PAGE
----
Adam Leitman Bailey, P.C. Attorneys Secure a Surprising Victory in Manhattan Supreme Court
The owner of a newly-constructed hotel was shocked to learn that a mechanic’s lien in the amount of $100,000 was recorded on his property by a subcontractor with whom there was no privity of contract. The subcontractor alleged that the general contractor on the construction project did not fully compensate him for work done installing an HVAC unit.
Taking over the case from a previous attorney, Adam Leitman Bailey, P.C. immediately moved in court to amend its petition to discharge the mechanic’s lien to assert several additional grounds for the discharge. Adam Leitman Bailey, P.C. then appeared for oral argument on, it believed, the issue of amending the petition. The judge, however, decided all matters in front of him.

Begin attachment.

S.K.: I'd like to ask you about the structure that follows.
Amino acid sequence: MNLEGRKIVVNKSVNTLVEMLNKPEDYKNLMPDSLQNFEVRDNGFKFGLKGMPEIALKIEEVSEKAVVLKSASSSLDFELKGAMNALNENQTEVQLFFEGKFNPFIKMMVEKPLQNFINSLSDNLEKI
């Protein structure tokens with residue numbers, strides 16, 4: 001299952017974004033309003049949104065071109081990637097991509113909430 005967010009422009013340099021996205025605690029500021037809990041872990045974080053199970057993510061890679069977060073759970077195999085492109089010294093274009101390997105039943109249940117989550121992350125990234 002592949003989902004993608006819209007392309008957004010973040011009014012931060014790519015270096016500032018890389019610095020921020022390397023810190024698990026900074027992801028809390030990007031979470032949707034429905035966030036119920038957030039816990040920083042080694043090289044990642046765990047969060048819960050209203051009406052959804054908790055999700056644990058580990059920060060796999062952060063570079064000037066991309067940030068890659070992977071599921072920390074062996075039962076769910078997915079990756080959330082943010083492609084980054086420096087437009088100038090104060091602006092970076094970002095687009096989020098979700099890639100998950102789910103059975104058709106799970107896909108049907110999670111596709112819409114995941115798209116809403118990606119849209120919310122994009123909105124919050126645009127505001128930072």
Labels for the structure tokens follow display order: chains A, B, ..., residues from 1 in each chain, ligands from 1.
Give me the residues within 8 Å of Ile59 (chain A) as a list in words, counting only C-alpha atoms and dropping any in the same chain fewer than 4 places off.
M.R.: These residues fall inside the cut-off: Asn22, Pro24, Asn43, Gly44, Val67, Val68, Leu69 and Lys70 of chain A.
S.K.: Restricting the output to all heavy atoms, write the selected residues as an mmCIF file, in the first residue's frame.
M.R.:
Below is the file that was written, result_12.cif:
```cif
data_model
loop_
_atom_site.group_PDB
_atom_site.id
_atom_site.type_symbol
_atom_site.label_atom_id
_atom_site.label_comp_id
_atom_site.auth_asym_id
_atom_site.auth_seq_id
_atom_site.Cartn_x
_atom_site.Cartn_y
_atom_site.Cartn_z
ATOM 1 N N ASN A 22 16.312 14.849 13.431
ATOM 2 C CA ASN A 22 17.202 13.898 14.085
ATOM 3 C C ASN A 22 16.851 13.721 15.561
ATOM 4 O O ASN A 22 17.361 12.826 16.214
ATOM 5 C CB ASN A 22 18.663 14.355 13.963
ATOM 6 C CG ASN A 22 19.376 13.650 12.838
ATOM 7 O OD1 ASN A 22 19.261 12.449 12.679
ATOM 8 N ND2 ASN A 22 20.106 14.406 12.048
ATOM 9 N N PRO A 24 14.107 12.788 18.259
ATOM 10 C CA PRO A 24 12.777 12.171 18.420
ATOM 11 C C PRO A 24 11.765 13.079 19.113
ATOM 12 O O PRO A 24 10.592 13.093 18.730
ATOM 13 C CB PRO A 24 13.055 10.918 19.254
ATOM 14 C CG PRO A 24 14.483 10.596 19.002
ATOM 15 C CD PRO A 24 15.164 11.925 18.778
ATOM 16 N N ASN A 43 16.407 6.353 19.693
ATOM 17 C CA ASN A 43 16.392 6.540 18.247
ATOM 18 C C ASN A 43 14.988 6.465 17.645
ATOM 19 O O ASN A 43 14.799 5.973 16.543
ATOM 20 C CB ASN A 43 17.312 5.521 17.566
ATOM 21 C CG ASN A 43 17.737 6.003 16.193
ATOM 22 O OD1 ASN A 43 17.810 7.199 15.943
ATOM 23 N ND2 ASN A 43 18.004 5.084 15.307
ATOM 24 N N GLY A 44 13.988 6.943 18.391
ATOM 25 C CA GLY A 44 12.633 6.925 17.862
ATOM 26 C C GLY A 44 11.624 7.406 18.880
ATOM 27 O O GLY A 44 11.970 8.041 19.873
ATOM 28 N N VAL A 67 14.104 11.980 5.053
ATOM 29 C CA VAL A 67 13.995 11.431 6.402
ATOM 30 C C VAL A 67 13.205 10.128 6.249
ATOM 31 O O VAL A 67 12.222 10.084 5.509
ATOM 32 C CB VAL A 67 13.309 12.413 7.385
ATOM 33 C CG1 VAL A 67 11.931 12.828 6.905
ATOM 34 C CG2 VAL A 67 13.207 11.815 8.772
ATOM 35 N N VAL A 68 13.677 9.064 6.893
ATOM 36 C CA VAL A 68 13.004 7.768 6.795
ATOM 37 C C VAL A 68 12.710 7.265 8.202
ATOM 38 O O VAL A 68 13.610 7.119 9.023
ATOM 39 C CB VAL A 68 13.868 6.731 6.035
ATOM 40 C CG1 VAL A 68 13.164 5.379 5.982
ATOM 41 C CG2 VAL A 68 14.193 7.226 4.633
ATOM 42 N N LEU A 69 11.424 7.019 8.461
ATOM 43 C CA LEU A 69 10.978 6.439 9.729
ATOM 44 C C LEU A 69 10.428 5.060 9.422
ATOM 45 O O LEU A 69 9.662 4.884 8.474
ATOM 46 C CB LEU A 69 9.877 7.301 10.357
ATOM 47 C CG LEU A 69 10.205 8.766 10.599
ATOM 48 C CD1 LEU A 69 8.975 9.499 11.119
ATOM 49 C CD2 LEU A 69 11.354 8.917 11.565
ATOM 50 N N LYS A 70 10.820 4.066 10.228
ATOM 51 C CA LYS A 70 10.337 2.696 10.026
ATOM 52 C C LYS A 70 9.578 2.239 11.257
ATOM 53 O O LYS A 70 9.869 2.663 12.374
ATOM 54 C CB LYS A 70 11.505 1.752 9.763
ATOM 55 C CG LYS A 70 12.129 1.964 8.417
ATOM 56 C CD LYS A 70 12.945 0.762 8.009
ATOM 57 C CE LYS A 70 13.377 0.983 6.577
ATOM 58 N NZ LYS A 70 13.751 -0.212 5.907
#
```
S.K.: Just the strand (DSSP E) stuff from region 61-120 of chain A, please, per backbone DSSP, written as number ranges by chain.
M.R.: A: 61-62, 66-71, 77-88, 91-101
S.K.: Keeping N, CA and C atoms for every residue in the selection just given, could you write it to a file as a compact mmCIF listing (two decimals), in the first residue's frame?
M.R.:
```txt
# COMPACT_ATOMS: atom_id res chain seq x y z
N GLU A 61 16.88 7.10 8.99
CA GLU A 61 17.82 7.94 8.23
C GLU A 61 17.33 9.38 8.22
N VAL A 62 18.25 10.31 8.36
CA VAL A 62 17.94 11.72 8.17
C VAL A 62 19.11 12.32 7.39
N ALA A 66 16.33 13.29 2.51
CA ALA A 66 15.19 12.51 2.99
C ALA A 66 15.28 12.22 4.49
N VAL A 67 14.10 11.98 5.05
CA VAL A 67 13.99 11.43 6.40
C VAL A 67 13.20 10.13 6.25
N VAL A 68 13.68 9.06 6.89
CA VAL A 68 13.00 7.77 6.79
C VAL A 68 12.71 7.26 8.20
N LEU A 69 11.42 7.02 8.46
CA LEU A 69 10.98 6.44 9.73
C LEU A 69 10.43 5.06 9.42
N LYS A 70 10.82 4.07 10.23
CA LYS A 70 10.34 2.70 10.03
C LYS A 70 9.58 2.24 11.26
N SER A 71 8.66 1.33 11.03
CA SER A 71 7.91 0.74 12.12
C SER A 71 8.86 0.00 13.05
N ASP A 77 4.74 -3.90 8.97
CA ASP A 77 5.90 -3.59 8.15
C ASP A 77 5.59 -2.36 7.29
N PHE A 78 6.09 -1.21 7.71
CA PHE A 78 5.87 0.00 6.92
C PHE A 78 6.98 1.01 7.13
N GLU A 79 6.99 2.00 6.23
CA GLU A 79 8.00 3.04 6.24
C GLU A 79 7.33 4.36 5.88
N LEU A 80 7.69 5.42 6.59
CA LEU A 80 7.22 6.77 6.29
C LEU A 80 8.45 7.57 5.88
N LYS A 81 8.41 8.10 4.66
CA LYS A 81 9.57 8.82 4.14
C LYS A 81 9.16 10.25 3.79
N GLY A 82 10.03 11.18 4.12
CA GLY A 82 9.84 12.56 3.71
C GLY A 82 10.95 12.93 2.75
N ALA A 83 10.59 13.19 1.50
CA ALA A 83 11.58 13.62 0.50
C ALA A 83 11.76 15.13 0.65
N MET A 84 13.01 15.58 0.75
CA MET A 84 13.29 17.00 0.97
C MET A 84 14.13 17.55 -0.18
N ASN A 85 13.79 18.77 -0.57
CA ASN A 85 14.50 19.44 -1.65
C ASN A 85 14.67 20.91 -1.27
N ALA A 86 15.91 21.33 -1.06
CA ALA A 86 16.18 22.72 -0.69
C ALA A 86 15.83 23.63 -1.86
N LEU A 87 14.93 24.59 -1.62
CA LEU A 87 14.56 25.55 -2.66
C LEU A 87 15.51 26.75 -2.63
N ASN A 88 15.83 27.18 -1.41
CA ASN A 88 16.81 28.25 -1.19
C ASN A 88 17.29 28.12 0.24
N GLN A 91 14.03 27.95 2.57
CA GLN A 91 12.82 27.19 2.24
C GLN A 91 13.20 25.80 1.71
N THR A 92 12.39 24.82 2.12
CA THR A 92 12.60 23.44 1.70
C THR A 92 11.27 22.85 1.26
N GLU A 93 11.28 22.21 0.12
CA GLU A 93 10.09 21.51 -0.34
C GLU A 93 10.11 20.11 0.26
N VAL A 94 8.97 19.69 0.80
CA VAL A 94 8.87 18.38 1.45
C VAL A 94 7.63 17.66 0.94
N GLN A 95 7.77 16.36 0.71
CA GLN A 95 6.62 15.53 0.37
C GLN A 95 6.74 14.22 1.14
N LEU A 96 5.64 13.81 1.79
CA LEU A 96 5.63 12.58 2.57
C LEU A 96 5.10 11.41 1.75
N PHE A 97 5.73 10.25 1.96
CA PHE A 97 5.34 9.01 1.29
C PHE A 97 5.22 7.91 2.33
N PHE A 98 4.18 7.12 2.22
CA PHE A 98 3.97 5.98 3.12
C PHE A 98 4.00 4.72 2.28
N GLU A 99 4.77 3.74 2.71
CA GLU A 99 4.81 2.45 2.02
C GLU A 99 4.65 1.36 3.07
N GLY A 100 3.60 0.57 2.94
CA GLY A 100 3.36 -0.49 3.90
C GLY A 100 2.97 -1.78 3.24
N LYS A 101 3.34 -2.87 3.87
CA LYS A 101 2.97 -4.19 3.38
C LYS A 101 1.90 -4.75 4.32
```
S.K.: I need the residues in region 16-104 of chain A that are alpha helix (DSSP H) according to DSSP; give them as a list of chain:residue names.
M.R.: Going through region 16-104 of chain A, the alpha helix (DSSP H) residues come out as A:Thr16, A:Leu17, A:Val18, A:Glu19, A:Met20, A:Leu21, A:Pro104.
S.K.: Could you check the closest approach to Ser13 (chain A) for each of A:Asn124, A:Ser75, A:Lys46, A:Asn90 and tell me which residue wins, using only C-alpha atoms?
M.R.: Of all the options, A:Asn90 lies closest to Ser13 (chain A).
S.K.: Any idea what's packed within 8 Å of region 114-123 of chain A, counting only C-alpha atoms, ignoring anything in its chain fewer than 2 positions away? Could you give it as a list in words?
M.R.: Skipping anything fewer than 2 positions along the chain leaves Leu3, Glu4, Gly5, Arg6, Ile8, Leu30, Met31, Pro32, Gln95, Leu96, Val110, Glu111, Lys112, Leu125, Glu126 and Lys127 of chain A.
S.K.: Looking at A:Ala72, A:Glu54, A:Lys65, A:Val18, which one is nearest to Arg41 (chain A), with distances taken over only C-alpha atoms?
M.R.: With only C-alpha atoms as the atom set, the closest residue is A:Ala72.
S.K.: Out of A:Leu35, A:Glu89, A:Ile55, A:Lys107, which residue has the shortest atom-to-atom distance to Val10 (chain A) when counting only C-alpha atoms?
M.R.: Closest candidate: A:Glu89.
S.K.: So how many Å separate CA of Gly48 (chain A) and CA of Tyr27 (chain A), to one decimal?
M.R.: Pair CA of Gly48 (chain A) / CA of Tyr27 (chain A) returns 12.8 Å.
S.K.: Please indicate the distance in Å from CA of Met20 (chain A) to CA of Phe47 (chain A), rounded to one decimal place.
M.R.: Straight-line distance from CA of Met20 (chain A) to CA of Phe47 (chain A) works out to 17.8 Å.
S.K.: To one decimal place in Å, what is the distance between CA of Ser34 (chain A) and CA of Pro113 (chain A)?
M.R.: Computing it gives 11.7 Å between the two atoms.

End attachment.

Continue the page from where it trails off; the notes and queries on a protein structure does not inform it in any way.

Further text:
Reviewing the facts in front of him and listening to the arguments from both parties, the judge was convinced that the mechanic’s lien was improper. The statute of limitations for filing a mechanic’s lien had run on the subcontractor and the judge rightfully ordered the lien discharged from the property.
Adam Leitman Bailey, P.C. walked into the courtroom that morning prepared to simply argue that the petition should be amended and, instead, walked out of the courtroom with the full relief granted and the mechanic’s lien discharged from the client’s building. This quick decision not only allowed the firm’s client to complete its financing but saved thousands of dollars in legal fees.
Christopher Halligan represented the owner of the newly constructed hotel in this matter.